The Anti-Eviction Mapping Project has a new report out today investigating the role vacation rental companies like Airbnb and VRBO play in San Francisco’s housing market. As you might expect from the activist organization, the report offers a grim picture of the effect these “sharing economy” services have on the city.
The report uses data the group has gathered over the past two years as well as demographic data released by the companies themselves, among other sources. It argues that the economy of short-term vacation rentals primarily benefit already wealthy property owners and exacerbates the housing shortage.
“The sharing economy represents the loss of hard fought tenant and labor gains, heightens levels of social inequality and increases the grip of the market in new spheres of social life,” states the report’s conclusion.
Here are a few points the Anti-Eviction Mapping Project uses to make this case:
- According to the report, the number of vacation rentals are growing and taking permanent housing units off the market. In tracking listings on VRBO, the Mapping Project found that 290 listings were added between August 2012 and July 2014.
- The report states that many users of these sites own multiple properties and use vacation rentals as their primary business. In their study of VRBO, the Mapping Project found that 31 percent of the owners of those buildings owned multiple properties. A similar percentage was found in a report by the San Francisco Chronicle on Airbnb ownership earlier this year.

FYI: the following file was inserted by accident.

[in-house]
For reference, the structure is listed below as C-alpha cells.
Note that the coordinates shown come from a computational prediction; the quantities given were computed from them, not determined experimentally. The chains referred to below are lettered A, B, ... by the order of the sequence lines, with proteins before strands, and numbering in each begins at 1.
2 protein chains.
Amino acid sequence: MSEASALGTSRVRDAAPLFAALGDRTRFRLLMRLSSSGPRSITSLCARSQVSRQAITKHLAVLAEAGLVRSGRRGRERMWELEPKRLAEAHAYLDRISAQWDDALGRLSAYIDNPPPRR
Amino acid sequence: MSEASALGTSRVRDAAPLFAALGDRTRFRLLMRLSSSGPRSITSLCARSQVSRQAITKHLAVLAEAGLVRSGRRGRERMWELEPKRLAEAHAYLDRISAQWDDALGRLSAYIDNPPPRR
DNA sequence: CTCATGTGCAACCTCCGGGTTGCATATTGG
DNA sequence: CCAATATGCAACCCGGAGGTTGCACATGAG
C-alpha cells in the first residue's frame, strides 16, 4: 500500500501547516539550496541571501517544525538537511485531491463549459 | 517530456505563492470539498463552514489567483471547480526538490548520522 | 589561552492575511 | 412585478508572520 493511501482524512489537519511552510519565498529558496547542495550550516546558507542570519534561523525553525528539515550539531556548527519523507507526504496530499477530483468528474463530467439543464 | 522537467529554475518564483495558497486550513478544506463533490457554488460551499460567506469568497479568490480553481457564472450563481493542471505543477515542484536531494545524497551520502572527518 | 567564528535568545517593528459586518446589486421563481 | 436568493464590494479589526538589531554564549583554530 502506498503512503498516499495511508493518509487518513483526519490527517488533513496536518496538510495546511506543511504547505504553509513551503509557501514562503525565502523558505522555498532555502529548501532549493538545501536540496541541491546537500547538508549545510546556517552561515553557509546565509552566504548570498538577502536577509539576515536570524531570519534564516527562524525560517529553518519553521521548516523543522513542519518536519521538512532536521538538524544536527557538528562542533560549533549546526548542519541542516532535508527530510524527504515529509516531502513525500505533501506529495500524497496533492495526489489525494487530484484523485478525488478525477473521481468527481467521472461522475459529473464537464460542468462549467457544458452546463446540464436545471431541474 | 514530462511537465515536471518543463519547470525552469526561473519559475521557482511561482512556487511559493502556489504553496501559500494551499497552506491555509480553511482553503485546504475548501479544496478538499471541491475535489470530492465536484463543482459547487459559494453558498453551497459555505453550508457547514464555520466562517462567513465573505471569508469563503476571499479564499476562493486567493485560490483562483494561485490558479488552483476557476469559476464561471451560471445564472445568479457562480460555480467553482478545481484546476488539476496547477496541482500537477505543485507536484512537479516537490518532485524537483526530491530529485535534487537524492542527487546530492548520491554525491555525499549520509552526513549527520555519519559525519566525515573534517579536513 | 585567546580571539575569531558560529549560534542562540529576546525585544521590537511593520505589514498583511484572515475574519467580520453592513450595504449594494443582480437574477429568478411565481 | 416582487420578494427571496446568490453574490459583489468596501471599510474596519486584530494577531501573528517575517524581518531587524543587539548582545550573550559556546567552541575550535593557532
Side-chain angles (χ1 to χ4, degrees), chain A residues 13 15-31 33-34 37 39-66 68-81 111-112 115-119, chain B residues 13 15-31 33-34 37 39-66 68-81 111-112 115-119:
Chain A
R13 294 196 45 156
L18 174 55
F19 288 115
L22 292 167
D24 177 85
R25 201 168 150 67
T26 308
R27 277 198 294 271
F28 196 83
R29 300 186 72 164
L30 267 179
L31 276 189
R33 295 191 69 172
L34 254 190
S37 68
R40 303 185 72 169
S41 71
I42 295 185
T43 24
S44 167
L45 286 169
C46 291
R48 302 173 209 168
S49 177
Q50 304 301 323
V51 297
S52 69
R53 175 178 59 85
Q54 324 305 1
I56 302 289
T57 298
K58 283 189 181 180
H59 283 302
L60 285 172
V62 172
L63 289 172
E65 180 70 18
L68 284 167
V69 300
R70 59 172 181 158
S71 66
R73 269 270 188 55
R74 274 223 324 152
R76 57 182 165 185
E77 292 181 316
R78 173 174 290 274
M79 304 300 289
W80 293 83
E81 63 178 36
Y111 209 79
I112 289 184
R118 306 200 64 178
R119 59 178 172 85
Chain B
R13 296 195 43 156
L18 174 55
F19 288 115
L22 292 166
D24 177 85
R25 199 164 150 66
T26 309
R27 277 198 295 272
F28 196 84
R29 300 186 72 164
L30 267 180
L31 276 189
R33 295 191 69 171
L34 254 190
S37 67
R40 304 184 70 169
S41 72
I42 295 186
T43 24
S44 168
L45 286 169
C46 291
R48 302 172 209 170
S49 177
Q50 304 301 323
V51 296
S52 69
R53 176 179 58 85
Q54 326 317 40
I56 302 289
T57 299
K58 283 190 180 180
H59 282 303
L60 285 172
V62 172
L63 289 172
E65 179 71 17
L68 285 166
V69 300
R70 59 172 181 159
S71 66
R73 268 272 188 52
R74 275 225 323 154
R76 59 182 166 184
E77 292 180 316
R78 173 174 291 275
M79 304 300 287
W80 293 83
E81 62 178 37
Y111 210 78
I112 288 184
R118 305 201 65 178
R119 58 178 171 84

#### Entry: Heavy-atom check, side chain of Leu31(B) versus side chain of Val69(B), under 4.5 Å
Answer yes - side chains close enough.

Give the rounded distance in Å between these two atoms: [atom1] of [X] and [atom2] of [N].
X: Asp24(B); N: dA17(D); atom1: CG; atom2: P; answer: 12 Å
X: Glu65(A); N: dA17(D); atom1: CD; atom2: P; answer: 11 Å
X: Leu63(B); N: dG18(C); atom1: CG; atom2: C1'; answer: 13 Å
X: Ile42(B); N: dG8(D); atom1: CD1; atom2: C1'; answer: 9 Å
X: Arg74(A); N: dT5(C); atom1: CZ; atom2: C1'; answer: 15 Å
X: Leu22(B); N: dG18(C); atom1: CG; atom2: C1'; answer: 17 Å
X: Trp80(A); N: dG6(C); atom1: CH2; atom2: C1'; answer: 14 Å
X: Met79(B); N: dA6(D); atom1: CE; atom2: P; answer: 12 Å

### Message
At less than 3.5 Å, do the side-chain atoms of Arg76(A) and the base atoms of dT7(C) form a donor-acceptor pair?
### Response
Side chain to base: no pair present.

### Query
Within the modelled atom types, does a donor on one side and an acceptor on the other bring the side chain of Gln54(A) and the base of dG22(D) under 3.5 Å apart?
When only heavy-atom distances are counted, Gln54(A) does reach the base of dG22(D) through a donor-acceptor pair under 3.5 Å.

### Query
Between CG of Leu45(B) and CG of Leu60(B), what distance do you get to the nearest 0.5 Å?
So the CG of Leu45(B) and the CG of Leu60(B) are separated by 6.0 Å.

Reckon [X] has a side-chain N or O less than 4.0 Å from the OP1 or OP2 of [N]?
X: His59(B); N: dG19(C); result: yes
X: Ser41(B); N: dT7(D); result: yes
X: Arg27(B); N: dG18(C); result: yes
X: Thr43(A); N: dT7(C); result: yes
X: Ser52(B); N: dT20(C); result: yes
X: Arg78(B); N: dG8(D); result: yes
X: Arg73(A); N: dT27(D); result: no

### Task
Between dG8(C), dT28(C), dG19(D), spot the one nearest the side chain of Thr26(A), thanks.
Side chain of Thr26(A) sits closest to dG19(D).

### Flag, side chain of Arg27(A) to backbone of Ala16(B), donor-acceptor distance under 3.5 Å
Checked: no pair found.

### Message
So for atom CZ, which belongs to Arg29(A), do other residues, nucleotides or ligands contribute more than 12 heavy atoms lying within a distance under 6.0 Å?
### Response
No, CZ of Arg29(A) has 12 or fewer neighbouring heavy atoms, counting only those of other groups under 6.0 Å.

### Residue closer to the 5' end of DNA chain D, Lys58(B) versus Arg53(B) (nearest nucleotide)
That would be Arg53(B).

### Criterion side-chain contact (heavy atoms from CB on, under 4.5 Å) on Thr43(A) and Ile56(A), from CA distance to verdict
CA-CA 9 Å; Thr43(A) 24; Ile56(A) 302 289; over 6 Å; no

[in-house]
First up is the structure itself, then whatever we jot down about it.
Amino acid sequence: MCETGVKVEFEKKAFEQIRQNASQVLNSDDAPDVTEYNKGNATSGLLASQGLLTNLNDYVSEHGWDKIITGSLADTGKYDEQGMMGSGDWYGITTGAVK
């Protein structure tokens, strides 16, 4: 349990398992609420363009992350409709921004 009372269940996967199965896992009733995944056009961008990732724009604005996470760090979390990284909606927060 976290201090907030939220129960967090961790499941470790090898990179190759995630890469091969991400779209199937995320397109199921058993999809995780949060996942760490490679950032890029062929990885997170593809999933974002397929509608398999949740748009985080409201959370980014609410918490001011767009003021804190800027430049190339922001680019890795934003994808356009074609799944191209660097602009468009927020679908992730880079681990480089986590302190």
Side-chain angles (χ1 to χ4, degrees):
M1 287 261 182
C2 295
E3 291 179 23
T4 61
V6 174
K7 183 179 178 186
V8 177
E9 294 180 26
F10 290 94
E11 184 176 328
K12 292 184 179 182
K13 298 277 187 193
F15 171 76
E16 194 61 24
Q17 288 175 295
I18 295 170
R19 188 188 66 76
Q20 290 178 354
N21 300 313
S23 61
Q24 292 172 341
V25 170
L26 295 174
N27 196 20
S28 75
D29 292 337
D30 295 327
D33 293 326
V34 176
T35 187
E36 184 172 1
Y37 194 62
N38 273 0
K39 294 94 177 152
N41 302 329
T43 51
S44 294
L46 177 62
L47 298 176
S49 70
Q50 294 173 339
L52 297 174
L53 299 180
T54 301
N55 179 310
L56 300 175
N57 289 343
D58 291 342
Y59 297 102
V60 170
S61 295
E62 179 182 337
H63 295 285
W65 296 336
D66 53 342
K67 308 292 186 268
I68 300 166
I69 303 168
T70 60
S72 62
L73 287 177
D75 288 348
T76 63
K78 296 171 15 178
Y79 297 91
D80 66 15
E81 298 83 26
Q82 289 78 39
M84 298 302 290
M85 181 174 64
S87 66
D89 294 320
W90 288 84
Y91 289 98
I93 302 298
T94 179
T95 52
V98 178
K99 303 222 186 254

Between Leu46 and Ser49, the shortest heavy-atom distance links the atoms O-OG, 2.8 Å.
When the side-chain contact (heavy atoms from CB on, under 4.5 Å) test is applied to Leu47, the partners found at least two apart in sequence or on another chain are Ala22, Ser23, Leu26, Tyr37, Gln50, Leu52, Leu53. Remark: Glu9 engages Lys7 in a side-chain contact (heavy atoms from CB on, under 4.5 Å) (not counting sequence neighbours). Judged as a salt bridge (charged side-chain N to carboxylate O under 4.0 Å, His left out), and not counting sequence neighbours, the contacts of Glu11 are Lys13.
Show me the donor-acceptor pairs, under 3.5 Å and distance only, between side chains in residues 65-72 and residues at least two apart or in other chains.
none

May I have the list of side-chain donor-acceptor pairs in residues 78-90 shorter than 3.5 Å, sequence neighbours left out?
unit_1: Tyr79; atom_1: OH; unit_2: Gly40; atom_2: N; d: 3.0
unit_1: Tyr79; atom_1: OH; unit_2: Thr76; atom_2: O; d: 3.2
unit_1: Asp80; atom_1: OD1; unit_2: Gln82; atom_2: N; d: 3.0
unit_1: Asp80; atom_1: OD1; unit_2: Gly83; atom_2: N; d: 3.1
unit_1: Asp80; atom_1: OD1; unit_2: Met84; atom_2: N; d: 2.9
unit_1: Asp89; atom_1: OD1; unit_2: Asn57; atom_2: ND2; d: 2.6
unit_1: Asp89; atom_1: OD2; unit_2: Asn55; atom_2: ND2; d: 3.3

- The report argues that many tenants renting out spare rooms aren’t doing so because they’re in need of spare cash—they’re already well off. Citing Airbnb’s own data, the report points out that 59 percent of hosts in San Francisco make over $70,000 and 40 percent of hosts earn over $100,000.
According to the report, the Mission is the most sought after destination for Airbnb renters and the effects are detrimental:
The working class Latino heritage can still be felt in the restaurants, festivals, and murals, but housing opportunities are being rapidly gobbled up as pied-à-terre, and by affluent newcomers, who prefer lively neighborhoods over gated suburban communities…. Everyday people that made San Francisco (and the Mission) attractive as a tourist destination and a place to live, find themselves priced out.
The report doesn’t have any specific policy recommendations, but offers the resounding opinion that these vacation rental services are bad for the city.
You can read the full report below: